Are we that different from (irrational) animals?


Well, up to now I'm pretty sure I didn't find anyone who can ignore feelings. I do try my best since I do think that they are the irrational thing we have, but of course, I still have them. Fear, anxiety, attraction, all of these things i see as instincts.

When our species was evolving, probably the ones who felt love/attraction and would mate would have offspring. The ones who would stay a life time with only a partner would have a higher chance of it's offspring live. The ones that would run from all spiders and snakes, would have a better chance of not dying poisoned.

If we were emotionless would we be more or less (irrational) animal like? If we don't do what we feel, and think instead, aren't we more "human" (rational) than ever? Since some people say that love is what makes us human, even though a lot of animals will display the same "love" for others? Fight for, help, or even die.

(also remembered about an experience that was made some years ago, where they locked random man in a prison, where some were prisoners and others guards, and the guards acted like true "animals")

(I'm not the best person maintaining a train of thought. If I'm wrong just tell me, so I won't be anymore) Thanks in advance


Posted 2015-04-26T16:06:17.443

Reputation: 3

Question was closed 2015-04-26T23:47:15.927

Possibly it's a mistake to seperate emotion and reasoning in such a clear way. – Mozibur Ullah – 2015-04-26T18:19:11.723

2There are legitimate questions about how emotions work and how they relate to reasoning. But it seems like the main question here is would being less emotional make us more or less like animals. And to answer that seems like something that's going to have us offering pure opinions. – virmaior – 2015-04-26T23:48:23.623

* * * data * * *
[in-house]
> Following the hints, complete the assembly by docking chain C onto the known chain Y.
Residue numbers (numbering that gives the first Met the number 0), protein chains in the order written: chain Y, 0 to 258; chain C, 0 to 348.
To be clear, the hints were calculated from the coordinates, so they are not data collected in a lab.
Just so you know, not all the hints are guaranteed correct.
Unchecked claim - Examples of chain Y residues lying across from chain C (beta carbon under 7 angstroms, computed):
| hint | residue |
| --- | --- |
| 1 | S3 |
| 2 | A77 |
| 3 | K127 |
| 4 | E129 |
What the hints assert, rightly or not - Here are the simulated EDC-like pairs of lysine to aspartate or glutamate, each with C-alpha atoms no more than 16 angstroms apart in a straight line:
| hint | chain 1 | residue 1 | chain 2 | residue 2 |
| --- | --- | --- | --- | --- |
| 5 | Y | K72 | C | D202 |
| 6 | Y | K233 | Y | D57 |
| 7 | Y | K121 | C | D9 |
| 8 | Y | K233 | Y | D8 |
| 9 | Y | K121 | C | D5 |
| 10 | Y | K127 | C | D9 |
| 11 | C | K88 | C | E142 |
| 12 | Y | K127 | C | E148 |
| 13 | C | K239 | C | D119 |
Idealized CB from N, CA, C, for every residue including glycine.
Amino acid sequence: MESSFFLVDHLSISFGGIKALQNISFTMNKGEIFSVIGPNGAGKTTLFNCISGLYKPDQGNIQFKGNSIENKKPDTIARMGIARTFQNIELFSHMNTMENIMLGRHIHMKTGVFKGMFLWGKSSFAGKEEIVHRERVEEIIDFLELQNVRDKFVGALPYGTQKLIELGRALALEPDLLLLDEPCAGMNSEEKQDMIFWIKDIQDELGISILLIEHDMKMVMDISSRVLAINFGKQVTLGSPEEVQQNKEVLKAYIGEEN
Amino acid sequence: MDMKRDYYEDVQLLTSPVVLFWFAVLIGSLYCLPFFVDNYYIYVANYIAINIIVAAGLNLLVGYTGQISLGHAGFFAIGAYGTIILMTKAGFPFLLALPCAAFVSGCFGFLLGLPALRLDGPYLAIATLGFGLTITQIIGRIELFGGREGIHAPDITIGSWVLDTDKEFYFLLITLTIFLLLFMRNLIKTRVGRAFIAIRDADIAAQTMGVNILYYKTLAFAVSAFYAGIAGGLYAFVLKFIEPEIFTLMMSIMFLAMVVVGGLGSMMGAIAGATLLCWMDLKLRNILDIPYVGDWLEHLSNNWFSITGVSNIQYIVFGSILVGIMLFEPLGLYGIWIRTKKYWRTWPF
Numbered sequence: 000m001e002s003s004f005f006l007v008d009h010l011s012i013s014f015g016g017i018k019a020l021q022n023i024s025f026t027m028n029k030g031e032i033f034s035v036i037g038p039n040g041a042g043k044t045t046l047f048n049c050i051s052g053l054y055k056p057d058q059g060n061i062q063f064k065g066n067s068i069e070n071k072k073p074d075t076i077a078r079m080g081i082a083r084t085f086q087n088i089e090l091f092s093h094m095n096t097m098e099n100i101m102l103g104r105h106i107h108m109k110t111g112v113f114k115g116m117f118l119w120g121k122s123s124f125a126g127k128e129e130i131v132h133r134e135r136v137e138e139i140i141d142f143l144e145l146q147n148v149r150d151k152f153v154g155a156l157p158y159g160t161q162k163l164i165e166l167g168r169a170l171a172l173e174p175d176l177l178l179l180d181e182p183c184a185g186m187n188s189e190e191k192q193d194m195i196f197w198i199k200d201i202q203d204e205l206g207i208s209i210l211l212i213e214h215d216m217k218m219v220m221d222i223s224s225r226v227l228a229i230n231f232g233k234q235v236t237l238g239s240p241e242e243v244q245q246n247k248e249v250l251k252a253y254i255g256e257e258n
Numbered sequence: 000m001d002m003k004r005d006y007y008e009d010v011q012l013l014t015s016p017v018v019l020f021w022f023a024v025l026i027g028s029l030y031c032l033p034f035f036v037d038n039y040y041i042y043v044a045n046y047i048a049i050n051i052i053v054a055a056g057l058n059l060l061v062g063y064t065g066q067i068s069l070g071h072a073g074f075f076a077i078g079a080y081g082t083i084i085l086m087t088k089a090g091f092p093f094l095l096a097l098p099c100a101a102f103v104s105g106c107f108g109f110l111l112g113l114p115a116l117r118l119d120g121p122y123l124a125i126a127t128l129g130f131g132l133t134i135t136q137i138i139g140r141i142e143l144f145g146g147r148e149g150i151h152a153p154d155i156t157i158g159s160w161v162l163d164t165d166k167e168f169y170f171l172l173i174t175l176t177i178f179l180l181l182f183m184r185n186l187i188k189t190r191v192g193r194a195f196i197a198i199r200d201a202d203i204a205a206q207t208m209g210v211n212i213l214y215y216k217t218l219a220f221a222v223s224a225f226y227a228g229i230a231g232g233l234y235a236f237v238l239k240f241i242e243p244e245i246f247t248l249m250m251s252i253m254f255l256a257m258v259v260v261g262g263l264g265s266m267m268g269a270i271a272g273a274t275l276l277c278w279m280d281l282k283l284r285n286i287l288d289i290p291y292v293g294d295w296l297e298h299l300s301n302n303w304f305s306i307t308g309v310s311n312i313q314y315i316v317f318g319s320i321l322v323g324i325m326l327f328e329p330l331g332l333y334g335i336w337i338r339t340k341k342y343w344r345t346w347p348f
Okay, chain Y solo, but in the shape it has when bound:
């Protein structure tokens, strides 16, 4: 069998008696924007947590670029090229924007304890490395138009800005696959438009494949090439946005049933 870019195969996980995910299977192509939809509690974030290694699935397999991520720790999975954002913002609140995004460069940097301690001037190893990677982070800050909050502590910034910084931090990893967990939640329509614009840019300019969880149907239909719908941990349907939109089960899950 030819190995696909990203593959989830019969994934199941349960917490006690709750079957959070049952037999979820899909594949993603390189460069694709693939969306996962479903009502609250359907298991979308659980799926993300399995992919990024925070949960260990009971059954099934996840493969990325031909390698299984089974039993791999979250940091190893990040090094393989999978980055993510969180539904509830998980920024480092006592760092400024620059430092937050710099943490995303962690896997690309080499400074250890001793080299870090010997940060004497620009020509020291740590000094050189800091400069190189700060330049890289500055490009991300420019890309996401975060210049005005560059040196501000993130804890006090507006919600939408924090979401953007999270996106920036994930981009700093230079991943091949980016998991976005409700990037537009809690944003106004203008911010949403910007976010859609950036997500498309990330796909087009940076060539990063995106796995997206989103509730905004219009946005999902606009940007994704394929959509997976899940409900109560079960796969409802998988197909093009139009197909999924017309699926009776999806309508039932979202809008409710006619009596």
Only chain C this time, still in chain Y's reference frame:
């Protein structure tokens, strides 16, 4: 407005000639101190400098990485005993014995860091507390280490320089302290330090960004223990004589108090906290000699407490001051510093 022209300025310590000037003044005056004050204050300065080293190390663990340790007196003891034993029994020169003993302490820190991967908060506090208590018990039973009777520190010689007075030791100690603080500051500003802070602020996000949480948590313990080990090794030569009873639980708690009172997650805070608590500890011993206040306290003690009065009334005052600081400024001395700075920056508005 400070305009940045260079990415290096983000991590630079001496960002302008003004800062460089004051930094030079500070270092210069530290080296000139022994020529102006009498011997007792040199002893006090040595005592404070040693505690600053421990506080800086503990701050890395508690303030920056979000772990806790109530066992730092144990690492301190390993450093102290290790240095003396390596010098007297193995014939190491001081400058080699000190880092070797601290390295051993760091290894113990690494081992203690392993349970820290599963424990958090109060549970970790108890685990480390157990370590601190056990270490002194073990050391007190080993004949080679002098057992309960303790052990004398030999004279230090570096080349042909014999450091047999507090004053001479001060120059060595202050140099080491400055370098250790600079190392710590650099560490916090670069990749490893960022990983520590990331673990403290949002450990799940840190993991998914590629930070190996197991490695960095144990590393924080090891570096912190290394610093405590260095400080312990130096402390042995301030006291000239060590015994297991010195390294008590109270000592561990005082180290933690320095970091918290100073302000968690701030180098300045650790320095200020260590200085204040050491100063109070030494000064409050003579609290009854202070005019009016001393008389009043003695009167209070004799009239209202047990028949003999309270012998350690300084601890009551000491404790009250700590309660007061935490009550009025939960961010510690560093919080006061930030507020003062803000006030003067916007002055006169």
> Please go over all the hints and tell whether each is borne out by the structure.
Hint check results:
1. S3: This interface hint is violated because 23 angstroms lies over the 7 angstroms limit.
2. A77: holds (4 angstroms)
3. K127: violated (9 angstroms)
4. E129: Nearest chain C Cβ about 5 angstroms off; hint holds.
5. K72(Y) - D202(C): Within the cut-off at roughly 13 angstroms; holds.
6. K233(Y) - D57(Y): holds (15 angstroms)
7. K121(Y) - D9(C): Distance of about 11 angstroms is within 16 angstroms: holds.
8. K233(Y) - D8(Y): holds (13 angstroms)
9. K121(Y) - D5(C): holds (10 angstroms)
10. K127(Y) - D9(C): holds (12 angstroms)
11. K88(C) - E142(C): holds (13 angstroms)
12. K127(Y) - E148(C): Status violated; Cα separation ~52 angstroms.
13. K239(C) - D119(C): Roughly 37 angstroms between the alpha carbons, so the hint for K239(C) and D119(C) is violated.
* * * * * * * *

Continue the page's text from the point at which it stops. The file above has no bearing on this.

1i didn't know that the animals are particularly irrational. – robert bristow-johnson – 2015-04-27T23:01:33.967



Physiological evidence suggests that removing emotion (not lowering its level, but breaking the mechanism that accesses it) limits one's ability to apply logic to situations. E.g. the case studies of Antonio Damasio, simplified here: and interpreted in his book "Descartes Error".

The reason for this seems simple and direct, to me.

I would like to point out that the only way we have of realizing that we have decided or admitted that something is logical is a subjective feeling of clarity. So I would contend that our sense of logic is, in fact, an emotion of its own, and therefore, any preference for acting logically is an emotional decision. If you accept that, there is only internal competition between emotional forces, not some competition between logic and emotion.

Feeling calm and competent is a feeling, just as feeling shattered and angry is. Choosing to impose one state over the other is still choosing to be emotional. By choosing to 'ignore your emotions' you are really choosing the emotional state that has gotten you the best return on your investment in the past, not choosing some state that is not emotional.

I skipped the answer: Based on this, I am assuming that if we were really emotionless, we would not be able to function rationally. (I am not sure that would make us more like animals. To me, animals seem, in their own limited way, more rationally motivated than humans. After all when it is perfectly logical for pig to kill off some of its children, it just does so, with an emotional equilibrium few humans could muster.)


Posted 2015-04-26T16:06:17.443


Instead of bickering with jobermark in the comments, please create a market of ideas by supplying your answers – virmaior – 2015-04-28T22:55:59.597